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Last Call Comments

From: Alan Chapell <achapell@chapellassociates.com>
Date: Wed, 18 Jun 2014 11:22:37 -0400
To: <public-tracking-comments@w3.org>
Message-ID: <CFC726FD.5121C%achapell@chapellassociates.com>
Thanks for the opportunity to provide additional comment to the technical
specification document.
As Iım sure this working group is well aware, I have grave concerns about
the process for getting this document to last call (See
http://lists.w3.org/Archives/Public/public-tracking/2014Apr/0100.html).
Iıve been doing privacy and public policy work for a number of years. In my
experience, when a group is confronted with significant issues that are
relevant to implementation of a privacy standard, they should reflexively
put their foot on the brake. For reasons that have become painfully clear
over the past ten months, the W3Cıs response is to put the pedal to the
metal ­ and let issues of legitimacy be damned.
Iıve shared the TPE document with a handful of colleagues on the legal,
technical and business side. The most common feedback Iıve received is that
the document is difficult to understand and open to multiple interpretations
when exposed to real life use cases.
For example, one colleague believed upon reading the TPE that his company
controlled a context simply by purchasing a particular ad slot on a
publisher page. In other words, he believed that both the advertiser and the
publisher controlled that portion of the page. Other colleagues shared
similar views regarding a branded social networking page being a context
that is controlled by multiple parties. Personally, I found it difficult to
justify some of the distinctions being drawn.
Other colleagues expressed confusion as to how one might infer that a
particular user agent was allowed to turn on DNT by default. For example,
regulators have sometimes viewed Safari as a privacy protective browser
because it blocks third-party cookies by default. Would it therefore be OK
for Safari to turn on DNT by default? Iım not sure ­ and the folks at Apple
certainly havenıt tipped their hand.
 
In short, it is clear that it will be difficult for smaller entities (i.e.,
ones that canıt afford to hire a team of lawyers) to decipher many of the
definitions and requirements in the TPE document.
A few additional issues and concerns.
The TPE does little to ensure the validity of a DNT signal
Imagine attempting to board a plane at an airport where anyone with a
computer could instantly alter flight patterns; imagine a marketplace where
credit card companies were unable to authenticate their cardholders; or
think about driving a car where anyone could use a police siren to push
their way through traffic on the city streets. We sometimes take for granted
how important it is to trust the validity of signals in life. If you canıt
trust the signal, the entire framework is left open to question.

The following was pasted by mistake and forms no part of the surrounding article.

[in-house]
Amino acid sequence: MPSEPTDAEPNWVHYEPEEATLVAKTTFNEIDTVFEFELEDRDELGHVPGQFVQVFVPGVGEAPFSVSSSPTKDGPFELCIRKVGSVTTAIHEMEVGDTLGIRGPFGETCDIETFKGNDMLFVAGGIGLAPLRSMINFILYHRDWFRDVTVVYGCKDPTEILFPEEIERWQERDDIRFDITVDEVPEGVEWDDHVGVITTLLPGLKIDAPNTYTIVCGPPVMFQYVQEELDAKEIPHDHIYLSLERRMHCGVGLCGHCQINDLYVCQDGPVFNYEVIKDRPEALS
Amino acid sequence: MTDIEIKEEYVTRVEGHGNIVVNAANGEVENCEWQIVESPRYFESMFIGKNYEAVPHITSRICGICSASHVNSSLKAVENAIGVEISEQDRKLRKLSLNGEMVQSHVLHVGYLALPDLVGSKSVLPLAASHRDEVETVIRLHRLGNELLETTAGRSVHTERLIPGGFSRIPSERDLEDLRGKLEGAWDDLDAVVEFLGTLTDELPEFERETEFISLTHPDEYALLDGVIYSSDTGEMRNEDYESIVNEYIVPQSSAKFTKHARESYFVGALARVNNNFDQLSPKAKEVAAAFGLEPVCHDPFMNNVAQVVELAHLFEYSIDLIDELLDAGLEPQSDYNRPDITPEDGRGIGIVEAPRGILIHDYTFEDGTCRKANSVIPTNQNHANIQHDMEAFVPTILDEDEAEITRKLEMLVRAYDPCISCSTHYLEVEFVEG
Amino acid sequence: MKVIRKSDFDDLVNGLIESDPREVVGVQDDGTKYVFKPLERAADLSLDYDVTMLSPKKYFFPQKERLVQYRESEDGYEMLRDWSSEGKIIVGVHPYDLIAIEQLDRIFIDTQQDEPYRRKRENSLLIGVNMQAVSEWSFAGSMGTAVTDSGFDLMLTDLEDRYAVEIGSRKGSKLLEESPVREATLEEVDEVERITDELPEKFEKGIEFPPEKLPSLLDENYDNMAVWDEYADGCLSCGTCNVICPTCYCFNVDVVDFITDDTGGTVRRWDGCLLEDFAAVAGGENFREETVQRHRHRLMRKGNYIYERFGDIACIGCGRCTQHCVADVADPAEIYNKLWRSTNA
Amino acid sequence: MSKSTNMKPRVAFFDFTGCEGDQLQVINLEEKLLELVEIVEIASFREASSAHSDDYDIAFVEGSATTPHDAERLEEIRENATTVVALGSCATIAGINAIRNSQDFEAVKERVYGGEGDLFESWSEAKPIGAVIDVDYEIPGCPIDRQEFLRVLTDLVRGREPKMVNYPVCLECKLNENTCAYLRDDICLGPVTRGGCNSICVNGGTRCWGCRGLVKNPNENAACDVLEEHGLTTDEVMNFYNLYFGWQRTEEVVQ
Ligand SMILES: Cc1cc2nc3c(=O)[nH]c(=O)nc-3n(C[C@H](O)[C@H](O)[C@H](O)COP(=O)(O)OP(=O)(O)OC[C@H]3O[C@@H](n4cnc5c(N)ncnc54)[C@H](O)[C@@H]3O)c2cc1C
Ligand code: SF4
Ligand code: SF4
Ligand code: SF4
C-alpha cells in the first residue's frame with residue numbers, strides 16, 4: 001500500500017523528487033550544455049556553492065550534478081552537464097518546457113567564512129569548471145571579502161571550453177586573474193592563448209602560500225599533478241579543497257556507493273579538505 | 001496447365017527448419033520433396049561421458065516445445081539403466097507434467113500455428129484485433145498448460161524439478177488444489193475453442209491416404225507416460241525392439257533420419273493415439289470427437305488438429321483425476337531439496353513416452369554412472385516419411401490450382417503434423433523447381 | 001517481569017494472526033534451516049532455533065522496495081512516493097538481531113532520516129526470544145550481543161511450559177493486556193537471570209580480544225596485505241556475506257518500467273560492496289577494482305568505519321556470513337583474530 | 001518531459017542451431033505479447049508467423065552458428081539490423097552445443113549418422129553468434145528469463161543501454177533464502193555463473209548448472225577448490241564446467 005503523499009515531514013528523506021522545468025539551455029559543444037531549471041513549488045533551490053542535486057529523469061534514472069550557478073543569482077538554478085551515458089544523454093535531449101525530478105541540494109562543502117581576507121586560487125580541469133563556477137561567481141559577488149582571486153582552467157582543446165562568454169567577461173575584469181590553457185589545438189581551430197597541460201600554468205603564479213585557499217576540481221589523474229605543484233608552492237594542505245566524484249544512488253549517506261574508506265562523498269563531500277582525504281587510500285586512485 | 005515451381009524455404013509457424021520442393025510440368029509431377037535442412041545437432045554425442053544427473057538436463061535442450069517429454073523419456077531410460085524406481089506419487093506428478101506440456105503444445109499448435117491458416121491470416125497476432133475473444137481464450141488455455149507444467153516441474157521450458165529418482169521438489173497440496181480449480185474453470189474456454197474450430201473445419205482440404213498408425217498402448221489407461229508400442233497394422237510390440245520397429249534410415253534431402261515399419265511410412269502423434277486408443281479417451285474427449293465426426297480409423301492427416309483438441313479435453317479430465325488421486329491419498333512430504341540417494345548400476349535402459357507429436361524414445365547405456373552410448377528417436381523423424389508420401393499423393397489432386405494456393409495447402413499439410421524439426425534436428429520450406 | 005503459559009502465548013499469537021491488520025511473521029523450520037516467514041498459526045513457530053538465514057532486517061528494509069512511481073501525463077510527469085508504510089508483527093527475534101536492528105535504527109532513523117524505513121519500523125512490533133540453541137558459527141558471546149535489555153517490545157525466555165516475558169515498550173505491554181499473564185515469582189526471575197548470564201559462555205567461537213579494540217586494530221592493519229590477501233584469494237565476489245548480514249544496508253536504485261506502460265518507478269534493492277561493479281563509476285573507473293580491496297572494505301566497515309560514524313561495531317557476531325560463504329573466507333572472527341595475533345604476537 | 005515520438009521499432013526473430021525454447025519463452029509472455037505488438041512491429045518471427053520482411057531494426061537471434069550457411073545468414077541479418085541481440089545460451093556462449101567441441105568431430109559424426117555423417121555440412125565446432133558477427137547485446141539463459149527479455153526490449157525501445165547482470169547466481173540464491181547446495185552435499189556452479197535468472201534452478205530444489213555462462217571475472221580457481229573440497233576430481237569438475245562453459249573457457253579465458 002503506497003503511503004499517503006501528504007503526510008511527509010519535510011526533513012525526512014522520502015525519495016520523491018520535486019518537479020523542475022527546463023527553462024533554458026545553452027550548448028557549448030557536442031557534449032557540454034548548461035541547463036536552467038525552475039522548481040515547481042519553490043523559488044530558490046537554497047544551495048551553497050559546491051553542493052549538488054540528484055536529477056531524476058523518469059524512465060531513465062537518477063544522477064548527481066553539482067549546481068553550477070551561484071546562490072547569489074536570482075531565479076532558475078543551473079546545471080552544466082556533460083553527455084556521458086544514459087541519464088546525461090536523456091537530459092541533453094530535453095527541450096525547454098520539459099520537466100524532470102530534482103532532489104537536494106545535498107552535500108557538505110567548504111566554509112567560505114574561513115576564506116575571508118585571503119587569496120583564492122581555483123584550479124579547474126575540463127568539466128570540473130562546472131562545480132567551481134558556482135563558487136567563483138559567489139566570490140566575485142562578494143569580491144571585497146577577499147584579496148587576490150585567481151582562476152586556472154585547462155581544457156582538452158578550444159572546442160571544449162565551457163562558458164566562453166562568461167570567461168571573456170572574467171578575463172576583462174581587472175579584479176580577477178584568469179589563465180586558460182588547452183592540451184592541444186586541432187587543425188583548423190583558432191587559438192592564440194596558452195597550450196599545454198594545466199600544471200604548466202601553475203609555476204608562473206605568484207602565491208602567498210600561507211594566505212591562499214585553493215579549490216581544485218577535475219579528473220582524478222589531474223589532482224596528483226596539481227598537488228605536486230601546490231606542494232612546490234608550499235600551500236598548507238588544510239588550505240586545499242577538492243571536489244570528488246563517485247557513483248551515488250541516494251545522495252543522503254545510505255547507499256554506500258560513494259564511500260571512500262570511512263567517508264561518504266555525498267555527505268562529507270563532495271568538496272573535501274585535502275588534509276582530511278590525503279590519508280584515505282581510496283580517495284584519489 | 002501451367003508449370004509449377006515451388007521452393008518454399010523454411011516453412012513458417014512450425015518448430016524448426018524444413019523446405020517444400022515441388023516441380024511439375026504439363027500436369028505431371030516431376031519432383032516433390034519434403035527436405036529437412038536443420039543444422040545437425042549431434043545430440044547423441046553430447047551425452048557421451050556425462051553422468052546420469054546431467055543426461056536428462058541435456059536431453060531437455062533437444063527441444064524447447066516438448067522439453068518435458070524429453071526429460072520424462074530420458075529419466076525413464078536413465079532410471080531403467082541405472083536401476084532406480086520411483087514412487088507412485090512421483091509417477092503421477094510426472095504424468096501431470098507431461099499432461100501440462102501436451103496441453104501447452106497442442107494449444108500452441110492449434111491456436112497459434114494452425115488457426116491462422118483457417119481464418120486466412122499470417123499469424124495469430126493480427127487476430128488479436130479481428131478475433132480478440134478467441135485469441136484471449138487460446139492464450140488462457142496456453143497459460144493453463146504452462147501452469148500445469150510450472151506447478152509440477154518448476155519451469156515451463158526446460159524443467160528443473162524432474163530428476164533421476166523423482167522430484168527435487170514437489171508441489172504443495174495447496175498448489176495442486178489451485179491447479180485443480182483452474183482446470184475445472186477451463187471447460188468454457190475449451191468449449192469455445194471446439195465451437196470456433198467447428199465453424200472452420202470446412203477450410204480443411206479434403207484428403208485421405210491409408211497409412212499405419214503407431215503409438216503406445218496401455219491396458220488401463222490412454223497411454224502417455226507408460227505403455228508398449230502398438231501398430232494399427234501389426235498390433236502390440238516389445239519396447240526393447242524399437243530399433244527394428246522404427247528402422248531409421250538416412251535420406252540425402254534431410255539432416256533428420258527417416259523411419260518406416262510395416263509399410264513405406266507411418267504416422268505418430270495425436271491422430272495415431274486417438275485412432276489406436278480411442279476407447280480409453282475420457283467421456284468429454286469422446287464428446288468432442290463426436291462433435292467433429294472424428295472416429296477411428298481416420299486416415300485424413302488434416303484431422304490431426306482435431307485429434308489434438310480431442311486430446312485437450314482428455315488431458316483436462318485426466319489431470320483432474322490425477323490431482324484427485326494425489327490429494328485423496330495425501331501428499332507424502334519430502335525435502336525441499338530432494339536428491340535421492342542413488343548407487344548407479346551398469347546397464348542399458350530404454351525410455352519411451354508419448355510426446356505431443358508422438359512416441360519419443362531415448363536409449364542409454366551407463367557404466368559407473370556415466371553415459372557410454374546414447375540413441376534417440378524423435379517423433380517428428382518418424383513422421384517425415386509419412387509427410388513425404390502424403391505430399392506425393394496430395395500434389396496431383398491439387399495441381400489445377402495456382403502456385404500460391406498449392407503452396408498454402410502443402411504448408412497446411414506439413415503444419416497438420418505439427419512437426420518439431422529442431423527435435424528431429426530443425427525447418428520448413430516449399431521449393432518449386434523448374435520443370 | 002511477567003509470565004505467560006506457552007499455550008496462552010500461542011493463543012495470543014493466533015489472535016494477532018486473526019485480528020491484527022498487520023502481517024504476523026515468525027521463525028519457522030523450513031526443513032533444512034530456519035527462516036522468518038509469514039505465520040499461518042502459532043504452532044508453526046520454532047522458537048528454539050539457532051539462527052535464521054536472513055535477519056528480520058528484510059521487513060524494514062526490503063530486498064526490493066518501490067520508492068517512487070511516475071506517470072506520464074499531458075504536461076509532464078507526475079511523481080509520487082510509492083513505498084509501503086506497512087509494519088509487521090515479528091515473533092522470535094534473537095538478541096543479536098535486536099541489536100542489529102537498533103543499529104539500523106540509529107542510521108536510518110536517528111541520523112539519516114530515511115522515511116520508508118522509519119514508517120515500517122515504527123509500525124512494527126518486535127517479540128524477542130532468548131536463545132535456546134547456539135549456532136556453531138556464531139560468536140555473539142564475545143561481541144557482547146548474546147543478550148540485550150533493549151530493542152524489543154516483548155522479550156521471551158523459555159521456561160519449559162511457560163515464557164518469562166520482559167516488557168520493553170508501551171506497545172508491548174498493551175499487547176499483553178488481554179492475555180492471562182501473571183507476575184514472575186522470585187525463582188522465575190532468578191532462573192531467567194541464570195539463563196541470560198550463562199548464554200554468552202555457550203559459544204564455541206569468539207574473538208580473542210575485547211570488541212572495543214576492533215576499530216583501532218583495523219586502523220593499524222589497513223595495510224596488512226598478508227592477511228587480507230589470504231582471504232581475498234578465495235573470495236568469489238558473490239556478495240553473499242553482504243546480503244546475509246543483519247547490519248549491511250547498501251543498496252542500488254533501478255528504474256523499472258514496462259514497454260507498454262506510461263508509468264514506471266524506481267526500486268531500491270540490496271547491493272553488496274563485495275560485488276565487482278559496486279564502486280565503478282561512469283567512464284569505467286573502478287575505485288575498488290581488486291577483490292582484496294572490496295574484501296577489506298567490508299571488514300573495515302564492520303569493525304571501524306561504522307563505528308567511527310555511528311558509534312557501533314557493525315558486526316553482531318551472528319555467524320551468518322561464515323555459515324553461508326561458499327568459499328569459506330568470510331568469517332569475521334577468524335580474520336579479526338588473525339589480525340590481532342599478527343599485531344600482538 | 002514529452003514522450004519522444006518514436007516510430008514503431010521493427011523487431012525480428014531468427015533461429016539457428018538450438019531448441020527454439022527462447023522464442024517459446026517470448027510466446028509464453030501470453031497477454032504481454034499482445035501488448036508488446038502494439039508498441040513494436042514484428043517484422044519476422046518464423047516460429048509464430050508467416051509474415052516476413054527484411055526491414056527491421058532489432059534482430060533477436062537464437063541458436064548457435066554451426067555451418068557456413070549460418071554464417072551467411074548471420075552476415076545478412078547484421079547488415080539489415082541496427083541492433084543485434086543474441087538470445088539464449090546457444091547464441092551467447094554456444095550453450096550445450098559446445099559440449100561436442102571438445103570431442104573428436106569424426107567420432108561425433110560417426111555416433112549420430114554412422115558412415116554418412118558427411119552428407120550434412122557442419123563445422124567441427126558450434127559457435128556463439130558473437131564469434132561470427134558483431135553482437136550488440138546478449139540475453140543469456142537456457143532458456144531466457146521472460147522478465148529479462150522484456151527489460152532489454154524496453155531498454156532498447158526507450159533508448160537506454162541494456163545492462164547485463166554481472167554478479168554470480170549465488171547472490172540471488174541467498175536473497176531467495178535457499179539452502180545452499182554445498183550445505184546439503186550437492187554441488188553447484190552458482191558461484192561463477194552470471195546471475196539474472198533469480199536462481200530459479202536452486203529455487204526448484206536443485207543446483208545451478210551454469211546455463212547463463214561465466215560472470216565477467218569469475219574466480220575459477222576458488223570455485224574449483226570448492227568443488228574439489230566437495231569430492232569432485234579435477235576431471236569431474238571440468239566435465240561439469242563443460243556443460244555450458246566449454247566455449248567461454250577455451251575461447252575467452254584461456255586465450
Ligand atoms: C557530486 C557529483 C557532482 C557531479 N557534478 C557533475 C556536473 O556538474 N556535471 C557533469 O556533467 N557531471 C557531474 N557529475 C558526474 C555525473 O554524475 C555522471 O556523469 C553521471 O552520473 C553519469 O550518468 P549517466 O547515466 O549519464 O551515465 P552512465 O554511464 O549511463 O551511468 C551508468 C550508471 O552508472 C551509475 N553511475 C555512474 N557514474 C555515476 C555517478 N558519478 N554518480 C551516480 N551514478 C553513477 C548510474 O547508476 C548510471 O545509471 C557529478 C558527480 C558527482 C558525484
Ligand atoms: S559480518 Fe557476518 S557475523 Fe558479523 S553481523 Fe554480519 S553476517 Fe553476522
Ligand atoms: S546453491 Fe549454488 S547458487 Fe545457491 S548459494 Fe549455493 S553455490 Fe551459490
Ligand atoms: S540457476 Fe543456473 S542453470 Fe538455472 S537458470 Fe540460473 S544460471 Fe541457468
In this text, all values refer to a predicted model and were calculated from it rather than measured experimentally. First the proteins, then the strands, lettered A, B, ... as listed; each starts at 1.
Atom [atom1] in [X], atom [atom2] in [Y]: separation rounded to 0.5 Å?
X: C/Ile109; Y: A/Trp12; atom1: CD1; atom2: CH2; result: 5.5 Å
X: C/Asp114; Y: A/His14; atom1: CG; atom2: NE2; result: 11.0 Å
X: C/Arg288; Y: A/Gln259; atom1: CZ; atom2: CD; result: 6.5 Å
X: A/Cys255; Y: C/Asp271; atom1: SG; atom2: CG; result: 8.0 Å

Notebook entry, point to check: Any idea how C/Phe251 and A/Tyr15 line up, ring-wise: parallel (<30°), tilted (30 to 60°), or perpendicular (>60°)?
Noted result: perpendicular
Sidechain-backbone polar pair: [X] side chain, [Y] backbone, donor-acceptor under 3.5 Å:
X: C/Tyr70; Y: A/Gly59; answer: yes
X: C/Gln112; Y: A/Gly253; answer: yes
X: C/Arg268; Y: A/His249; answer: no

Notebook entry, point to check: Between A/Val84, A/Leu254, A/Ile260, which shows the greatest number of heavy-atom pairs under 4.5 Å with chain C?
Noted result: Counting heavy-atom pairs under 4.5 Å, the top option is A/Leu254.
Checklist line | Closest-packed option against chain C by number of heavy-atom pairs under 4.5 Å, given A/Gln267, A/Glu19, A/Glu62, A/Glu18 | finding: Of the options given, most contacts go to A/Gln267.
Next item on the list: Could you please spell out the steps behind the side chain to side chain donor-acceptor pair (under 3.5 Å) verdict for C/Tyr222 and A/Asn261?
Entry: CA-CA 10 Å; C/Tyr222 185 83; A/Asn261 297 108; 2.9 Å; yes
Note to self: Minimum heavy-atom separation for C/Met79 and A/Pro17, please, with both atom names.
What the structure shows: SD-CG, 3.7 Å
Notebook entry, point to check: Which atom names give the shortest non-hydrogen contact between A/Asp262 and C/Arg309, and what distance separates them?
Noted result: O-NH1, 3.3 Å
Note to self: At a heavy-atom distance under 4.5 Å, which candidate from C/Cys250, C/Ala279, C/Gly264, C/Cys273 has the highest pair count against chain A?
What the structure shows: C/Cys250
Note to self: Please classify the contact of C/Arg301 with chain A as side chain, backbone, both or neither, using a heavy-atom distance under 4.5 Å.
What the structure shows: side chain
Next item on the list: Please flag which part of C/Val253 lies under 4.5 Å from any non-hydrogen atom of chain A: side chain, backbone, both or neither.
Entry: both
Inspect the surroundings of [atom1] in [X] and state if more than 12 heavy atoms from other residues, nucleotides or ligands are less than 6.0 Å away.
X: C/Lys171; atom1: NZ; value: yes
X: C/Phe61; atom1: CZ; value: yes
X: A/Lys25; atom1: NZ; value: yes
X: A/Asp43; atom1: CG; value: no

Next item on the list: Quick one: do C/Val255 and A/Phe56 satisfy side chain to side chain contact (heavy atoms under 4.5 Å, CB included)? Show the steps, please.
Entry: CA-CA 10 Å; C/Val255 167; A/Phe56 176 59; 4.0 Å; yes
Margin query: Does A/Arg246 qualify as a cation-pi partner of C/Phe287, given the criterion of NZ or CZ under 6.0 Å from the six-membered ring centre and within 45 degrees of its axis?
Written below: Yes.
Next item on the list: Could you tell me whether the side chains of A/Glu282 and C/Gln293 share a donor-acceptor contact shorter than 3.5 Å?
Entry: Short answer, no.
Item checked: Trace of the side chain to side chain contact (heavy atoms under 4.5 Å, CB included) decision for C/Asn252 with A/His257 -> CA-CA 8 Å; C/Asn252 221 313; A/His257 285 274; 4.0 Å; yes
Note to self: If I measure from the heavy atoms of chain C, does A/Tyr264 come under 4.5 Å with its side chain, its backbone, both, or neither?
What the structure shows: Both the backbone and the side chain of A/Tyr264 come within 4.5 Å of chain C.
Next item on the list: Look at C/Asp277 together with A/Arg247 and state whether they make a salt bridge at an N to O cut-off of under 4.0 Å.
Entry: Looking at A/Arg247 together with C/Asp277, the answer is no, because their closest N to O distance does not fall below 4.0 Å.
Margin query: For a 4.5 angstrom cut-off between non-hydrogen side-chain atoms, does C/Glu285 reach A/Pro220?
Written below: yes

And thatıs exactly where we are with DNT. Per the TPE, thereıs no
requirement on user agents to ensure that the DNT signal is valid.  And as a
result, thereıs no mechanism for anyone in the digital media ecosystem to
trust any DNT signal they receive. One of the largest browser manufacturers
has already been reported to have violated the spirit of the TPE - so this
isnıt mere speculation. And then there are any number of plugins, routers,
anti-virus software and other entities that are turning on DNT without the
userıs knowledge. 
As a result, the entire framework is open to question. In any other group,
this issue would result in a full stop until the questions are addressed.
Conversely, this working group treats this fundamental flaw as a bug that
may (or may not) be addressed in future revisions ­ a bizarre outcome to say
the least. Iıve thought a good deal about why this might be an acceptable
outcome to those who are running this working group, which brings me to my
second point.
The Definition of tracking favors large companies ­ (See
http://www.adexchanger.com/data-driven-thinking/track-great-internet-giants-
like-google-facebook/) I wonıt belabor this point, but it has become obvious
that the definitions in the TPE are weighted towards larger companies.
Thereıs understandably little concern around who might be manipulating DNT
signals when youıve successfully exempted your company from the
specification. 
Unfortunately, the DNT effort operates in a world where victory is defined
solely by ³getting a specification published.² When the only important thing
is winning, and nobody on the outside notices how many errors were committed
during the game or how many calls were missed by the referees ­ sooner or
later, the players start to take their ball and go home.  With that in mind,
weıve seen significant attrition in this working group over the past year.
With all due respect, the W3C can try to call this a working group decision
if theyıd like, but letıs be clear who is really running this working group.
And letıs not kid ourselves into believing that we have achieved anything
resembling consensus in a multi-stakeholder process.
Respectfully, 



Alan Chapell
Chapell & Associates
Received on Wednesday, 18 June 2014 15:23:09 UTC

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